Over the past year, I’ve had a pretty constant internal crisis between my love of consuming pop culture and entertainment versus my desire to feel like I’m actually educating and bettering myself because, oh God, the world is on fire and I’m doing nothing to stop it. It seems like something a lot of people have experienced to some extent over the past year—why are you sitting down to watch the latest rendition of THOR when the earth is melting? Why are you wasting your time going to a midnight screening of THE TEXAS CHAINSAW MASSACRE when the news is such a constant horror show? Pop culture is really the only thing I know anything about, but it’s increasingly felt petty and ridiculous to be invested in.
Or at least, it did feel that way before I encountered STRUGGLE SESSION. The hosts, Jonathan Daniel Brown, Jack Allison, and Leslie Lee III are all unrepentant nerds, but they’re also pretty astute political commentators, which leads to a remarkable blend of ripping into pop culture relentlessly, while being able to actually contextualize culture in a wider socio-political framework that give their critiques much more weight. What’s more, the thesis of the show from the very first episode has always been “it’s perfectly acceptable to like problematic things, so long as you’re willing to acknowledge their faults and limitations.” (Which, honestly, is a pretty decent summation of the thesis of this magazine as well.)
Oftentimes, the show finds the trio mercilessly dunking on beloved recent pieces of pop culture like the new Star Wars trilogy or Wonder Woman, and while some of their comments may enrage the average listener, it’s extremely difficult to make the case that they’re wrong. On other episodes, the three will focus on issues surrounding the entertainment industry, such as episode #25, where they discuss the closure of Gothamist media after a particular disgusting bit of union-busting by the billionaire Joe Ricketts. That episode is a personal favorite—it so plainly lays out the sheer difficulty of attempting to make a living in media today when private financiers are seemingly the only way to fund quality journalism. As someone attempting to help get an independent publication off the ground, the story of what happened to the Gothamist writers when they attempted to unionize chills me to my core.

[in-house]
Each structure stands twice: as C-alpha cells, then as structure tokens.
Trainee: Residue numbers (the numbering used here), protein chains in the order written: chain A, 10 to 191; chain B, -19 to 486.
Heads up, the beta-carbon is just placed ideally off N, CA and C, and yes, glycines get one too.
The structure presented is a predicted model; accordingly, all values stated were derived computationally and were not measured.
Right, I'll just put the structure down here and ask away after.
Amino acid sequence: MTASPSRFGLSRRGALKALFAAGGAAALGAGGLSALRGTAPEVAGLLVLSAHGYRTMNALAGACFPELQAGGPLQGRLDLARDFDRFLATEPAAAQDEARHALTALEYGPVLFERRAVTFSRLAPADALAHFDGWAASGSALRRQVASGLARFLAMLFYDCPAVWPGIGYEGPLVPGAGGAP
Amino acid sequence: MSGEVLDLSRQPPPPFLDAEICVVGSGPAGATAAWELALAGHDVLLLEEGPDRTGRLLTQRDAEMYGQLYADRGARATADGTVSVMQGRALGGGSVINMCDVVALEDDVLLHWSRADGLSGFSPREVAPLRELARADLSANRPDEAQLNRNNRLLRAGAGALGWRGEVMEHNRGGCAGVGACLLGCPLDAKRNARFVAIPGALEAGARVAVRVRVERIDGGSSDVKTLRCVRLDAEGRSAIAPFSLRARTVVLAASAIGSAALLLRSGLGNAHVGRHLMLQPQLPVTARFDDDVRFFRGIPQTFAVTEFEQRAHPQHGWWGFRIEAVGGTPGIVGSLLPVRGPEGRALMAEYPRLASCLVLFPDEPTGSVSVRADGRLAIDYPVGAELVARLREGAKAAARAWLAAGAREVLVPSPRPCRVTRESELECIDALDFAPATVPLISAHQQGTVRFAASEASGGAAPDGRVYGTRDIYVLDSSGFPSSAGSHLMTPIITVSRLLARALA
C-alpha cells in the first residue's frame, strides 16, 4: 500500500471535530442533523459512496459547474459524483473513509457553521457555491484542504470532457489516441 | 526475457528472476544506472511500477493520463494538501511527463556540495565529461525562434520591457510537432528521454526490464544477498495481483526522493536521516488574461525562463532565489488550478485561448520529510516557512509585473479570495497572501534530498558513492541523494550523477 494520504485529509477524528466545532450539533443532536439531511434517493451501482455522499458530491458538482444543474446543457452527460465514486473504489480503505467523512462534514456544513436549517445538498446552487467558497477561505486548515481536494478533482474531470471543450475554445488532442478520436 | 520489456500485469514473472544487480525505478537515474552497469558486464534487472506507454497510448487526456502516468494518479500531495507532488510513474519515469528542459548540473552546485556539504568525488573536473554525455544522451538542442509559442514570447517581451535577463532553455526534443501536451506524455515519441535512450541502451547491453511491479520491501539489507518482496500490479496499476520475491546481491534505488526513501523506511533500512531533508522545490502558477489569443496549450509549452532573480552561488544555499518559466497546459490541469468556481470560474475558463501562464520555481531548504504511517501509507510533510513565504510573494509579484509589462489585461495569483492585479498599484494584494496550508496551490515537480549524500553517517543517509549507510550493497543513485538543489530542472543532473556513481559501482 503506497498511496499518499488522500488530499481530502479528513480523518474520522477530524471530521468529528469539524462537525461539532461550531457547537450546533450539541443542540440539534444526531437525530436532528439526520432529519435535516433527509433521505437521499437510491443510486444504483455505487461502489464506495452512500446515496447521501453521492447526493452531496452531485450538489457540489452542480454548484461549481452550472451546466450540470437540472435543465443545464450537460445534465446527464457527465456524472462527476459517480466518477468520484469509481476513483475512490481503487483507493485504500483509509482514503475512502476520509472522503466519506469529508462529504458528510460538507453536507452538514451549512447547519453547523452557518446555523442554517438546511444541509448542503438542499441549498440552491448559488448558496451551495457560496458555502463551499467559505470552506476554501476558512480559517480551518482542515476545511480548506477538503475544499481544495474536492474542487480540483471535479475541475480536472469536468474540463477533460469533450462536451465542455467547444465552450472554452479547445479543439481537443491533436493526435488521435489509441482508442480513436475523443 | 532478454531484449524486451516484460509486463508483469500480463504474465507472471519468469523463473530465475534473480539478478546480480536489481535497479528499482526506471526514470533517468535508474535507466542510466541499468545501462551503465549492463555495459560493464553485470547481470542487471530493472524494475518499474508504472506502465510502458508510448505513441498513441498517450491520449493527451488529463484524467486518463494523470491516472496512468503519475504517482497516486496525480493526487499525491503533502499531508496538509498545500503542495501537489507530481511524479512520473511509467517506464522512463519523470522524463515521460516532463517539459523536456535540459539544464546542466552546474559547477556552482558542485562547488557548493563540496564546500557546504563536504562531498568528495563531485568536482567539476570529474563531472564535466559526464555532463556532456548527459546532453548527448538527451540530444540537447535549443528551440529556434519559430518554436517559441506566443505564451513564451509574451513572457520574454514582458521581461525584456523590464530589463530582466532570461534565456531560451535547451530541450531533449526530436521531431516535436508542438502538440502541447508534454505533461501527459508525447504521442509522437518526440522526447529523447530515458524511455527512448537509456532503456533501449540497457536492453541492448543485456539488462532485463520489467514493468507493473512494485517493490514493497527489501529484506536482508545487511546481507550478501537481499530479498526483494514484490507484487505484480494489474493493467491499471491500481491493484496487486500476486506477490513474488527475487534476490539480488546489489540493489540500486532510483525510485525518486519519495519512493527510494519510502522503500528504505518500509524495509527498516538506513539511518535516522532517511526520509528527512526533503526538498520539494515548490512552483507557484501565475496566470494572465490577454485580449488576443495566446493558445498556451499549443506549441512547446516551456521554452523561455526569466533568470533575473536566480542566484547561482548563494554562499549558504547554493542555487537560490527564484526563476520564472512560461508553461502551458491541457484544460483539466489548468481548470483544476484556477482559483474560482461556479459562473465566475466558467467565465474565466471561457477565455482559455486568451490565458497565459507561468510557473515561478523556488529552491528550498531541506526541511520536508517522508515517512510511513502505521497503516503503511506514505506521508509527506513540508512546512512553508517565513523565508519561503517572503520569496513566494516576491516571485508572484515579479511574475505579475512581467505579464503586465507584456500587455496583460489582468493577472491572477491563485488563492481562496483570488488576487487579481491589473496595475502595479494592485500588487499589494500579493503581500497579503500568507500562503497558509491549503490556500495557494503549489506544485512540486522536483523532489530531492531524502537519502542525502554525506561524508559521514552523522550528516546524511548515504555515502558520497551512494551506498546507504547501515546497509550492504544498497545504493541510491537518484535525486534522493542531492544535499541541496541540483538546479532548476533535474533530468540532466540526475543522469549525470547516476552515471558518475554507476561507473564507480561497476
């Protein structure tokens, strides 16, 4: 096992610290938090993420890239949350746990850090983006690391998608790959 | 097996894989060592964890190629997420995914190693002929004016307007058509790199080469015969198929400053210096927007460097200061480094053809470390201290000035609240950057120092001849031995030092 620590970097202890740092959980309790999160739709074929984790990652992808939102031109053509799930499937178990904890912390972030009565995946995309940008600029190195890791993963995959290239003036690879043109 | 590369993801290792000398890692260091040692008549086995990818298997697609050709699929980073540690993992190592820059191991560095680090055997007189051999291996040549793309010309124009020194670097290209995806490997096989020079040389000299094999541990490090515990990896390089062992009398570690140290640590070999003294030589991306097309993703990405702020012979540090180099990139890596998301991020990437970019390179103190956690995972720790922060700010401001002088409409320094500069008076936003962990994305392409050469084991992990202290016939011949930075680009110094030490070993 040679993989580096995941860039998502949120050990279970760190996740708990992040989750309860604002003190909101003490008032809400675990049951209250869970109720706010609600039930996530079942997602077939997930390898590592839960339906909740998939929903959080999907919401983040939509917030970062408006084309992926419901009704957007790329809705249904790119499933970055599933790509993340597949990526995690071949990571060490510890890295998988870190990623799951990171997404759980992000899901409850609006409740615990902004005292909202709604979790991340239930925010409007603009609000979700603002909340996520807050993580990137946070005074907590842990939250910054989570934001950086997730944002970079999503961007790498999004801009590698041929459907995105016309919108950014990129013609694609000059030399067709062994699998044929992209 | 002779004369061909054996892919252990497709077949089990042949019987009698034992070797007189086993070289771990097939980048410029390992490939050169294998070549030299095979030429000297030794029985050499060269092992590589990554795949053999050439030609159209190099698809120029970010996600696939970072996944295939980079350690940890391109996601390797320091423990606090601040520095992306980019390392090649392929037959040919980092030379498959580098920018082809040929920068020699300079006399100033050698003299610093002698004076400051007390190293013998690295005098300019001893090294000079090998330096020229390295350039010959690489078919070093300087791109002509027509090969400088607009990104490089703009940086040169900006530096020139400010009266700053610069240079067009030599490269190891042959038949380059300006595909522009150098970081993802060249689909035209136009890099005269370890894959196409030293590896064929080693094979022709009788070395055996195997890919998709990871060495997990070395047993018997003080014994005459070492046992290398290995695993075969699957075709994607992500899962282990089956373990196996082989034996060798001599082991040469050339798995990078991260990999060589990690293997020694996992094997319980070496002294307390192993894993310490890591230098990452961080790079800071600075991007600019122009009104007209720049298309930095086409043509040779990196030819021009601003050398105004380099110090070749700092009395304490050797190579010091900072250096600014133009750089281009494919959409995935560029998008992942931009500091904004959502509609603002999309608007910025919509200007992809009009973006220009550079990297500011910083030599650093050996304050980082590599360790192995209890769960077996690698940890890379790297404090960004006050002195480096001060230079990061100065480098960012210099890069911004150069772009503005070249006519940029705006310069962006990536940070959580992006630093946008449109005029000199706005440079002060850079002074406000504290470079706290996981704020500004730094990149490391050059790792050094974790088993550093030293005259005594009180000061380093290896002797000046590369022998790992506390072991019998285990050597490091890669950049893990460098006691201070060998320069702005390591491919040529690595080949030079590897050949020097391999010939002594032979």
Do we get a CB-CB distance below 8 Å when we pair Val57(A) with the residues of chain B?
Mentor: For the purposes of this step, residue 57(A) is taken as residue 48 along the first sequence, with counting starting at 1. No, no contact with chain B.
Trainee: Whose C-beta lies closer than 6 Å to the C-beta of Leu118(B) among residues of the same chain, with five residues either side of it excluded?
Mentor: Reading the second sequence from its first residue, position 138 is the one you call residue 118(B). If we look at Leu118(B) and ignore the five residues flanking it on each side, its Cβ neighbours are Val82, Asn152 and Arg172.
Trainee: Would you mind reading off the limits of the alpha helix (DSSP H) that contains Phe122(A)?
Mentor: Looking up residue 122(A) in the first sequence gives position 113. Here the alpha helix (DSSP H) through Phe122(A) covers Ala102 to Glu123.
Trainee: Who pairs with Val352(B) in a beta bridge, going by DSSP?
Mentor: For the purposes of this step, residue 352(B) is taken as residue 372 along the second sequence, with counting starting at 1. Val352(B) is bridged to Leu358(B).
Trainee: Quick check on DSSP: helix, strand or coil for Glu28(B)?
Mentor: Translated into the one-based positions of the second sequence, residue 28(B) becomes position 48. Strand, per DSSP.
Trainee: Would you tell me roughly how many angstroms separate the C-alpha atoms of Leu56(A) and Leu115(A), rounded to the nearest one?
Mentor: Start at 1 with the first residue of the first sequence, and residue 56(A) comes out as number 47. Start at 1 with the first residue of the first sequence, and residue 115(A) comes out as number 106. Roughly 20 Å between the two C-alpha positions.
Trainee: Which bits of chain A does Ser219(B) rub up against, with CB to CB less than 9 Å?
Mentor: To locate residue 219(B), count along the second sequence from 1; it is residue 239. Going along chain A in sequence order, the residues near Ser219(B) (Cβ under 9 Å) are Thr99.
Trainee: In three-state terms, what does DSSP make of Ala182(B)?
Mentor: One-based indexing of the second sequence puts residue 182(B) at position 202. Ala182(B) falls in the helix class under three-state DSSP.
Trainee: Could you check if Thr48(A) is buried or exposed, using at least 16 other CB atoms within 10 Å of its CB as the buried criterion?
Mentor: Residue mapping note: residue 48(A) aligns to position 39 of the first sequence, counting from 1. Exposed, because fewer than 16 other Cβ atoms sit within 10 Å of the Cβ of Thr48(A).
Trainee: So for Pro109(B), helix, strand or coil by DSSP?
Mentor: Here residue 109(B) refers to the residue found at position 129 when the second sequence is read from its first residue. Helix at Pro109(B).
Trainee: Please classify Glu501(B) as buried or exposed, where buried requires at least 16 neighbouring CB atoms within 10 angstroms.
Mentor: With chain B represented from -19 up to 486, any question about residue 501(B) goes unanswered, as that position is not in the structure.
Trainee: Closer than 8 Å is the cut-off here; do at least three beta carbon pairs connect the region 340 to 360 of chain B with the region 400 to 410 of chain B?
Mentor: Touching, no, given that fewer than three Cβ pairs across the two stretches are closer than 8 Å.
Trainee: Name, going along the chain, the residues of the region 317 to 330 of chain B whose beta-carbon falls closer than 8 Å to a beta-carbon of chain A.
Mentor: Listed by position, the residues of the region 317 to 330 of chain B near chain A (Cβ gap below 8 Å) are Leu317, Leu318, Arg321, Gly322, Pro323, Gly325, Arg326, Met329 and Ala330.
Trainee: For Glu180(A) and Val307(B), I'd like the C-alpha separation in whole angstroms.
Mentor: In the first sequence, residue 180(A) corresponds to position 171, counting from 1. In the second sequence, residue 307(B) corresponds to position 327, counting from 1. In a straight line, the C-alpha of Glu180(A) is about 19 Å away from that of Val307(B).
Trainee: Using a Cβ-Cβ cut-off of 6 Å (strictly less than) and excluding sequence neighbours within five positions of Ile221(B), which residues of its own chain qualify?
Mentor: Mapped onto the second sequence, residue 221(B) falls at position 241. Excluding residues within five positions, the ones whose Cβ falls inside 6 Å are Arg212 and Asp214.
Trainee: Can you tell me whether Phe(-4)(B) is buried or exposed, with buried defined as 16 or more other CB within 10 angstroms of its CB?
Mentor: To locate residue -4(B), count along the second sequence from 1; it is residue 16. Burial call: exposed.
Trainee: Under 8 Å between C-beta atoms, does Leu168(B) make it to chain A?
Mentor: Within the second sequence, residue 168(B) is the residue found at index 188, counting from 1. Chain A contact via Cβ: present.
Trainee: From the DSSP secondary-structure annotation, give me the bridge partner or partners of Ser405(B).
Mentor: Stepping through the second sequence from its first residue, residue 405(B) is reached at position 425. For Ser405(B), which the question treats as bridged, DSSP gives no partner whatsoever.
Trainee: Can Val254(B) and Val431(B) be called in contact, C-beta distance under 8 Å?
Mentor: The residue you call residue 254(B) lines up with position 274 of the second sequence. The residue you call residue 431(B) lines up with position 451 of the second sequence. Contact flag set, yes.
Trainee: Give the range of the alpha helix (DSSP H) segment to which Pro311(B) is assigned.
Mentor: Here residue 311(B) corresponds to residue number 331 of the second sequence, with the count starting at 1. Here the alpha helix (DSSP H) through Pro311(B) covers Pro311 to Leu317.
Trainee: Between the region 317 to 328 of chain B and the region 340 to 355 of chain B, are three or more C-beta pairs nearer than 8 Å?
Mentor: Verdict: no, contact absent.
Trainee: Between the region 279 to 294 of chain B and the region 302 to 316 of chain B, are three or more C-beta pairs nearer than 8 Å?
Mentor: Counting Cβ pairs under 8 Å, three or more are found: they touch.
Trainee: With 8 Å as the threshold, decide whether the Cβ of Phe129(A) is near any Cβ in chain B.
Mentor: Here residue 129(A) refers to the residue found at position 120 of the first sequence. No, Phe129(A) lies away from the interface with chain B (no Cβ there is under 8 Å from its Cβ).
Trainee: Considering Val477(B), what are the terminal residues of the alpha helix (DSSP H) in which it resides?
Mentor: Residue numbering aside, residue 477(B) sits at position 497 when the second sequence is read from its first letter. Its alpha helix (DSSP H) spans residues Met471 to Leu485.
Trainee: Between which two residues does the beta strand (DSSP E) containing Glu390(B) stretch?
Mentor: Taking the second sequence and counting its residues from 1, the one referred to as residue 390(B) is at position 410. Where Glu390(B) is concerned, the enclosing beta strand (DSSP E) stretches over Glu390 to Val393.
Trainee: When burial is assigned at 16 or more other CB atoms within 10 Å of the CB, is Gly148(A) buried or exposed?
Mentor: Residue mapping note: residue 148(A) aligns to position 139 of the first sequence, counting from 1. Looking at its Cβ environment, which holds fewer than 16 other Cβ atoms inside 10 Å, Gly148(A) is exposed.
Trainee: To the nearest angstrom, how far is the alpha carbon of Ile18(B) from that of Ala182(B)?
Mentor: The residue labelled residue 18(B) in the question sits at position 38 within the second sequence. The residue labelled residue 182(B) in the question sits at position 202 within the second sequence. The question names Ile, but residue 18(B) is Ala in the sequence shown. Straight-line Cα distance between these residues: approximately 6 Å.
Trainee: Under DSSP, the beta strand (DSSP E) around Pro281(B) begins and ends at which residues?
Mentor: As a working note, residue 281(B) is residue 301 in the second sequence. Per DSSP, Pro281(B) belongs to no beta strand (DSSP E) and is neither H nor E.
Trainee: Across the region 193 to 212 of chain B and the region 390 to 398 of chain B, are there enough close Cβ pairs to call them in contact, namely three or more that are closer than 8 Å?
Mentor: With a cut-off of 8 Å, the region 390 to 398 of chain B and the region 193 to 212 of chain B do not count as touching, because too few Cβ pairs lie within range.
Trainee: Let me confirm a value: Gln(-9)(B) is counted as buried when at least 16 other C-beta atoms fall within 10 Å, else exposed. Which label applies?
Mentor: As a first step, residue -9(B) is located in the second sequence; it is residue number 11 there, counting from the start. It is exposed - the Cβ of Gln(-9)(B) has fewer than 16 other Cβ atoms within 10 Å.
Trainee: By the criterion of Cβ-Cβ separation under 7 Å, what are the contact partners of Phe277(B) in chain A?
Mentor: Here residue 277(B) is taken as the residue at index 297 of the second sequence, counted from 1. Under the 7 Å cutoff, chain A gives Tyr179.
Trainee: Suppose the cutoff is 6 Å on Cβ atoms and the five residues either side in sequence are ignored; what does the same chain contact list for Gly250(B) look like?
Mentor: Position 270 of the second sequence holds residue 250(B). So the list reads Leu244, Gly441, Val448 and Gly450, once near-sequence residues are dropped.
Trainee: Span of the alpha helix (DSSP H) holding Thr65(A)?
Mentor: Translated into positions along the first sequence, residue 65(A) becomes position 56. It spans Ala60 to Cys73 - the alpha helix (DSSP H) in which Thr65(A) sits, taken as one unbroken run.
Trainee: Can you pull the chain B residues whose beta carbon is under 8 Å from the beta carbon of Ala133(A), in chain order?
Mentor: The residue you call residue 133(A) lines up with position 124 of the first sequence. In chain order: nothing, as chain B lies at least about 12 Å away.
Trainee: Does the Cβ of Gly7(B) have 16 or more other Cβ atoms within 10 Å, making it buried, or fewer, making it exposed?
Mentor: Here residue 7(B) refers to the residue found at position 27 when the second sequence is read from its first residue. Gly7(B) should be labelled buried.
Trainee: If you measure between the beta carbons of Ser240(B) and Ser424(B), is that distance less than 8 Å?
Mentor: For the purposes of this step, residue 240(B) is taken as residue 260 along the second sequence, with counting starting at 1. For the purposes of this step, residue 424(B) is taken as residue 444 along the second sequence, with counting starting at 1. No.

The STRUGGLE SESSION guys are great because they understand how media warps and shapes our reality. They’re acutely aware of the business decisions that force their beloved pop culture to become garbage, and they have no problem calling it out when they see it. Even more importantly, however, they understand that nerdom can’t be the entirety of a person’s identity. Over the past few years there’s been a disturbing trend where people who happen to like Marvel movies and video games have attempted to claim that these tastes make up their core experience as human beings. Knowing pop culture trivia, staying on the cutting edge of content, and most importantly, simply consuming more than anyone else around you, have all come to replace having a personality and values beyond the ability to trade Doctor Who quotes. STRUGGLE SESSION rejects that notion; they reject the idea that being a geek means you have to be an insufferable piece of shit who grabs a McDonald’s cashier by the collar when they refuse to surrender Szechuan sauce fast enough. The guys have an actual ethics and politics guiding their experiences in geekdom, and it makes the show feel like less of a guilty pleasure than a way to genuinely enrich one’s experience with their favorite pop culture.